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Getting ready to buy a Gyuto

post #1 of 3
Thread Starter 

I'm 19, and have been cooking in a kitchen on a line full time for about a year. I'm currently in culinary school as well. School for 8 hours a day+full time work gives me a lot of usage. On top of which I have a lot to learn, and my knife is taking some abuse.

 

I'm currently using a Akifusa Santoku, which has treated me fairly well. But I am finding I am having problems with keeping it as sharp as I want. I like the weight, the handle is a touch small. I've been looking into getting a Gyuto for a while now, and have done a bit of research, but don't have the availability to try most of the knives I see people talking about online. Only knife I've really gotten to use is a Yoshikane(http://www.epicedge.com/shopexd.asp?id=86376). I like the knife, the weight was a tad heavy, and the western handle was the perfect size. It was comfortable. I live close to the epicurean edge store here in washington, and one of the owners recomended the Yoshikane and an Asai.

 

I have about $300. I need a knife that can take some abuse, stay sharp, essentially a work horse. Looks aren't as important to me, functionality is. I prefer a western style handle, and am planning on getting a double grit wet stone to keep the knife sharp. What are your recommendations ChefTalk?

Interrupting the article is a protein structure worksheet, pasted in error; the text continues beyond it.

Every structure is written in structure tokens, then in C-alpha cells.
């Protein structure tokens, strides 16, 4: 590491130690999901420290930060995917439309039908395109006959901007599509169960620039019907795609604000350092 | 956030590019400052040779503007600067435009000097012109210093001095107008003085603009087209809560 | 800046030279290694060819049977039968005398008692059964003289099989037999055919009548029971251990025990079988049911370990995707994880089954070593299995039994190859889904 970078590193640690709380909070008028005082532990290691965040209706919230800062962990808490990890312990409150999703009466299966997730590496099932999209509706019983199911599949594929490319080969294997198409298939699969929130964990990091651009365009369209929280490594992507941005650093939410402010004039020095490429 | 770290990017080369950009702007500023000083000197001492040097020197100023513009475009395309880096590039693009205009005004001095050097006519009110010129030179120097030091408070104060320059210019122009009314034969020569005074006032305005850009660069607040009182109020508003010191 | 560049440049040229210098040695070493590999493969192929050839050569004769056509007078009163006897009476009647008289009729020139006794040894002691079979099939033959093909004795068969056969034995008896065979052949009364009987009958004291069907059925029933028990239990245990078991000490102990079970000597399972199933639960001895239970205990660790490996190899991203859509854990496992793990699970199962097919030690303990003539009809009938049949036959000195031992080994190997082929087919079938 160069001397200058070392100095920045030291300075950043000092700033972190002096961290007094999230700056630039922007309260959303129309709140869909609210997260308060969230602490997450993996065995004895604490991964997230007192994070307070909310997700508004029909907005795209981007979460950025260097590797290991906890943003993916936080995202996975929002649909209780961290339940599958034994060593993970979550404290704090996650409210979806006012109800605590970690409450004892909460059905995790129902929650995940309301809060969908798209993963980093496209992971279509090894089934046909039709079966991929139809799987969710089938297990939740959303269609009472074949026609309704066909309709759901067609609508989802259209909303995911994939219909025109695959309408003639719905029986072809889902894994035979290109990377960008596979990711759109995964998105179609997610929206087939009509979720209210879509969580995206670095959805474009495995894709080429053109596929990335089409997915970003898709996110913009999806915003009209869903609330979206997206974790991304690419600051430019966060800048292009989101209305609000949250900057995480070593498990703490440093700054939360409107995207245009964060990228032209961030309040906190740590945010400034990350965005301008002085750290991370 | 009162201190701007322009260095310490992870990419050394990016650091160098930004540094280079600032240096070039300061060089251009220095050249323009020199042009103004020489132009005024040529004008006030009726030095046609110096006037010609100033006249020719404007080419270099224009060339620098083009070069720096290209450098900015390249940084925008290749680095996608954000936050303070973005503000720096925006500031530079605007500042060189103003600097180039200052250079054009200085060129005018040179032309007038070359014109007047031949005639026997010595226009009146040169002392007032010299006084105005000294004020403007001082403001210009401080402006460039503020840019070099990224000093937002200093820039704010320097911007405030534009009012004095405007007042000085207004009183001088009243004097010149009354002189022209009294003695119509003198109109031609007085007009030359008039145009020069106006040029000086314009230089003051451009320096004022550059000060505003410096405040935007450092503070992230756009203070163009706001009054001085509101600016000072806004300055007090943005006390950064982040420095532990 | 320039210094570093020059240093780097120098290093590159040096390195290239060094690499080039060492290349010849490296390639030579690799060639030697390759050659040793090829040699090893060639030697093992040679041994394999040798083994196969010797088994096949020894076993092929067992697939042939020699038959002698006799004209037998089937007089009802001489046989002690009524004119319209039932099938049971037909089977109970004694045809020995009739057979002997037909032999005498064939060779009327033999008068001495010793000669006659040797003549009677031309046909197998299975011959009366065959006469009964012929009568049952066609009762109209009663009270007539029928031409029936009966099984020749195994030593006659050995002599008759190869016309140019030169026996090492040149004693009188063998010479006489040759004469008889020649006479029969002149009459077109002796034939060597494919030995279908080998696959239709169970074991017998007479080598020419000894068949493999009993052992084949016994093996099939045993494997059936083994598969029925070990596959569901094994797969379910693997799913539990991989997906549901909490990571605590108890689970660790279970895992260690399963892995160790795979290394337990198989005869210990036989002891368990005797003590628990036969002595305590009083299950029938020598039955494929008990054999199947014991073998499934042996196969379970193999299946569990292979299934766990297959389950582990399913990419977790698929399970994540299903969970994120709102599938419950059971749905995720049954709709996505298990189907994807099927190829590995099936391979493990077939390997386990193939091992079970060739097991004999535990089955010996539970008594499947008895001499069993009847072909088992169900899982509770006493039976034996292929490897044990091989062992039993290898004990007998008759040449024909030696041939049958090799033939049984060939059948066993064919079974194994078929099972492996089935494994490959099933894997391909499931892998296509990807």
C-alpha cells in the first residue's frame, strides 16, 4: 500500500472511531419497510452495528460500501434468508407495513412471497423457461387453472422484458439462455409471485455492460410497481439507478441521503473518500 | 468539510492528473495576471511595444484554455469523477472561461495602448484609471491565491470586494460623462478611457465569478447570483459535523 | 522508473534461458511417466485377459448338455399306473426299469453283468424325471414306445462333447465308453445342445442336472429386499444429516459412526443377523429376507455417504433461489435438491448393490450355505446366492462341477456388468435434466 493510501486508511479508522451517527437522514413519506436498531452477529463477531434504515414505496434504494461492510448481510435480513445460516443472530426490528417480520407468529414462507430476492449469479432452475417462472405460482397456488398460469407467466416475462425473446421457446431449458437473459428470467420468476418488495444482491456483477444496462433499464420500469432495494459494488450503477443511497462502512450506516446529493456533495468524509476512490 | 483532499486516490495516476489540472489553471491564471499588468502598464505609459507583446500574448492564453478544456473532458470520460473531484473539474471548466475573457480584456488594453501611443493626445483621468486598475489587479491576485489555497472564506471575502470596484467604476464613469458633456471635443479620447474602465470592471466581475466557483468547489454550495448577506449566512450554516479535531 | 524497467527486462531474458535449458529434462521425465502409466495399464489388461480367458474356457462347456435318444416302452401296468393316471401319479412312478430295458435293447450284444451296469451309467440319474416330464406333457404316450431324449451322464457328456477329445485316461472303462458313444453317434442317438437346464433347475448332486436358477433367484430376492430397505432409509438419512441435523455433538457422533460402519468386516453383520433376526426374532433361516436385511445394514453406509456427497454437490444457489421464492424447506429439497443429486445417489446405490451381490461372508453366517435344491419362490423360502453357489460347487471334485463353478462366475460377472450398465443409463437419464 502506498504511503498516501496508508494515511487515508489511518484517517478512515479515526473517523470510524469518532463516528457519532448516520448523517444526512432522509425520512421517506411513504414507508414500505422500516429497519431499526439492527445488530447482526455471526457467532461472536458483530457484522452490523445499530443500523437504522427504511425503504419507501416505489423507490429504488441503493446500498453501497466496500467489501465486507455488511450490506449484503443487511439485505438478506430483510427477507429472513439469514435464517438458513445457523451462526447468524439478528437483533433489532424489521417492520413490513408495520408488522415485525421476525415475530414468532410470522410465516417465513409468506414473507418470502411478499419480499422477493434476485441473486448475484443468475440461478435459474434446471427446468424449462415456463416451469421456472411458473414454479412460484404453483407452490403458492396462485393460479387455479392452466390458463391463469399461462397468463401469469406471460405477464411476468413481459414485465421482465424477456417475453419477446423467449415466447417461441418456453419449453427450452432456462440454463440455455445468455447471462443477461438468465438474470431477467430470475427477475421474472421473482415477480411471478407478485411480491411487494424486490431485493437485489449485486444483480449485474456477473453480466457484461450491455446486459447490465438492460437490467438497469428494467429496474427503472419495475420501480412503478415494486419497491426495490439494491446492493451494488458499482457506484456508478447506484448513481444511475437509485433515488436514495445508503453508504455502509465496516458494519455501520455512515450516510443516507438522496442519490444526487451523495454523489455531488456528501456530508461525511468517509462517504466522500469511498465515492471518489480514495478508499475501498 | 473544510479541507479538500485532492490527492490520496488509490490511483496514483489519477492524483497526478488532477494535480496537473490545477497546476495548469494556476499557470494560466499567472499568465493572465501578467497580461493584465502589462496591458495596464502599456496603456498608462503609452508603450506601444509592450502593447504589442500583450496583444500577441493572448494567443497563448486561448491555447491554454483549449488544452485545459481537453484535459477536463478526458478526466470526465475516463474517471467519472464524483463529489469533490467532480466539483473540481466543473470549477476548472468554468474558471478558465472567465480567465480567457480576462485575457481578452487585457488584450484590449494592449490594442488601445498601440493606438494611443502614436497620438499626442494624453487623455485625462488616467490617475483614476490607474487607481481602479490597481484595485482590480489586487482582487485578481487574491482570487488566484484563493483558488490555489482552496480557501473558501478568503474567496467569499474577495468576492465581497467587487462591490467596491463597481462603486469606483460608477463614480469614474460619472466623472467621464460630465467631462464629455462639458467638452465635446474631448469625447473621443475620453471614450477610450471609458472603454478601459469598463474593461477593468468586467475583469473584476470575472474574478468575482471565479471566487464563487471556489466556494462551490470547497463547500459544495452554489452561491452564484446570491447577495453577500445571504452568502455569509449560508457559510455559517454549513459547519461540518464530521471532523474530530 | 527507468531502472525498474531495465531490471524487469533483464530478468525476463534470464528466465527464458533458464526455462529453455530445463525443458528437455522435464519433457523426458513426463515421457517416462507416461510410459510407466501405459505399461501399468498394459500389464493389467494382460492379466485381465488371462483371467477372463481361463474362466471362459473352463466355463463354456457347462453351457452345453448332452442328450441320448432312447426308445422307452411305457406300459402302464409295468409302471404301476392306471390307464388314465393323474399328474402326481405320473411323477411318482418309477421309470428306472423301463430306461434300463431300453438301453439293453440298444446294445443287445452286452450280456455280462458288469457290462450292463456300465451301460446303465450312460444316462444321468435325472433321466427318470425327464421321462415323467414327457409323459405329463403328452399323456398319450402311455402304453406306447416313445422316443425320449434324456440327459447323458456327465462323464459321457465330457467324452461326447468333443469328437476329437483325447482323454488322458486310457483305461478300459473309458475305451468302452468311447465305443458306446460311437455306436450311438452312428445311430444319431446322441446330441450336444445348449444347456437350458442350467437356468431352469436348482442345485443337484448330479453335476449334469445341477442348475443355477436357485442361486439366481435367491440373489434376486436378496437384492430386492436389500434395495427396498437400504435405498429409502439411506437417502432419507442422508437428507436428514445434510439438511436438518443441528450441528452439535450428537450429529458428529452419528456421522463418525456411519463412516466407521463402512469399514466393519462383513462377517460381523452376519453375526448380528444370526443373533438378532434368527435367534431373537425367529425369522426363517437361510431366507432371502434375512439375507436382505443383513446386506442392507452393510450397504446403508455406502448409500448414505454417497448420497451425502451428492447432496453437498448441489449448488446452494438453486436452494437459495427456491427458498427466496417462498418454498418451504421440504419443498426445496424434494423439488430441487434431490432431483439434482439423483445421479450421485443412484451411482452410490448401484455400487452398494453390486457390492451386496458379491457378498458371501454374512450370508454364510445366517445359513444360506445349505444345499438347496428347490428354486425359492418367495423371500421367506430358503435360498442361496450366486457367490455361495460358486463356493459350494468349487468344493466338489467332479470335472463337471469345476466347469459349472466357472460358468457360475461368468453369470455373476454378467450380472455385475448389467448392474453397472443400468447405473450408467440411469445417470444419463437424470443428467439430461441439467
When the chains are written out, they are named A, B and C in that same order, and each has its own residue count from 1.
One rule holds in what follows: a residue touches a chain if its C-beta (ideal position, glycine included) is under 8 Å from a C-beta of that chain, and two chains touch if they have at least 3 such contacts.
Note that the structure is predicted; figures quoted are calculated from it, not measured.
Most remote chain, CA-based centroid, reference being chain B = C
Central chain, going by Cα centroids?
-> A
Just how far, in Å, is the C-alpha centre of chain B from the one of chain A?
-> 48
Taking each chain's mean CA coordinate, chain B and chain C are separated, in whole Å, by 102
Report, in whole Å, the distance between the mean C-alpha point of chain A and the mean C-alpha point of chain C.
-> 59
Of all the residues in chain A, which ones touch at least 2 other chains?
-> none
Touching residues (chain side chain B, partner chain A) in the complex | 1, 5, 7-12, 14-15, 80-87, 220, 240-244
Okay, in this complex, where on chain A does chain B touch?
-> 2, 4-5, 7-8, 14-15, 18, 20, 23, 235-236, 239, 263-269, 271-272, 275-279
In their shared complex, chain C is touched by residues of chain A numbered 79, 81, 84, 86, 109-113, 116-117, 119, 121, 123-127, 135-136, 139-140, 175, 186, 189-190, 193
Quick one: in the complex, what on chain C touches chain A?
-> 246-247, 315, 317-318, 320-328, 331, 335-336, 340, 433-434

Thanks

Ben

 

post #2 of 3
Under no. 13 you will find a review.

http://www.cheftalk.com/t/62387/best-knives

Regards, B
post #3 of 3

Yeah. It's an easy ride through pretty much safe water following a BDL recommendation. 

 

Maybe now Ben, if you improve your sharpening abilities, the knife you're using now will continue to do you well. That's a lot cheaper than buying a new knife.

"And those who were seen dancing were thought to be insane by those who could not hear the music."

I'm not sayin', I'm just sayin'.

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"And those who were seen dancing were thought to be insane by those who could not hear the music."

I'm not sayin', I'm just sayin'.

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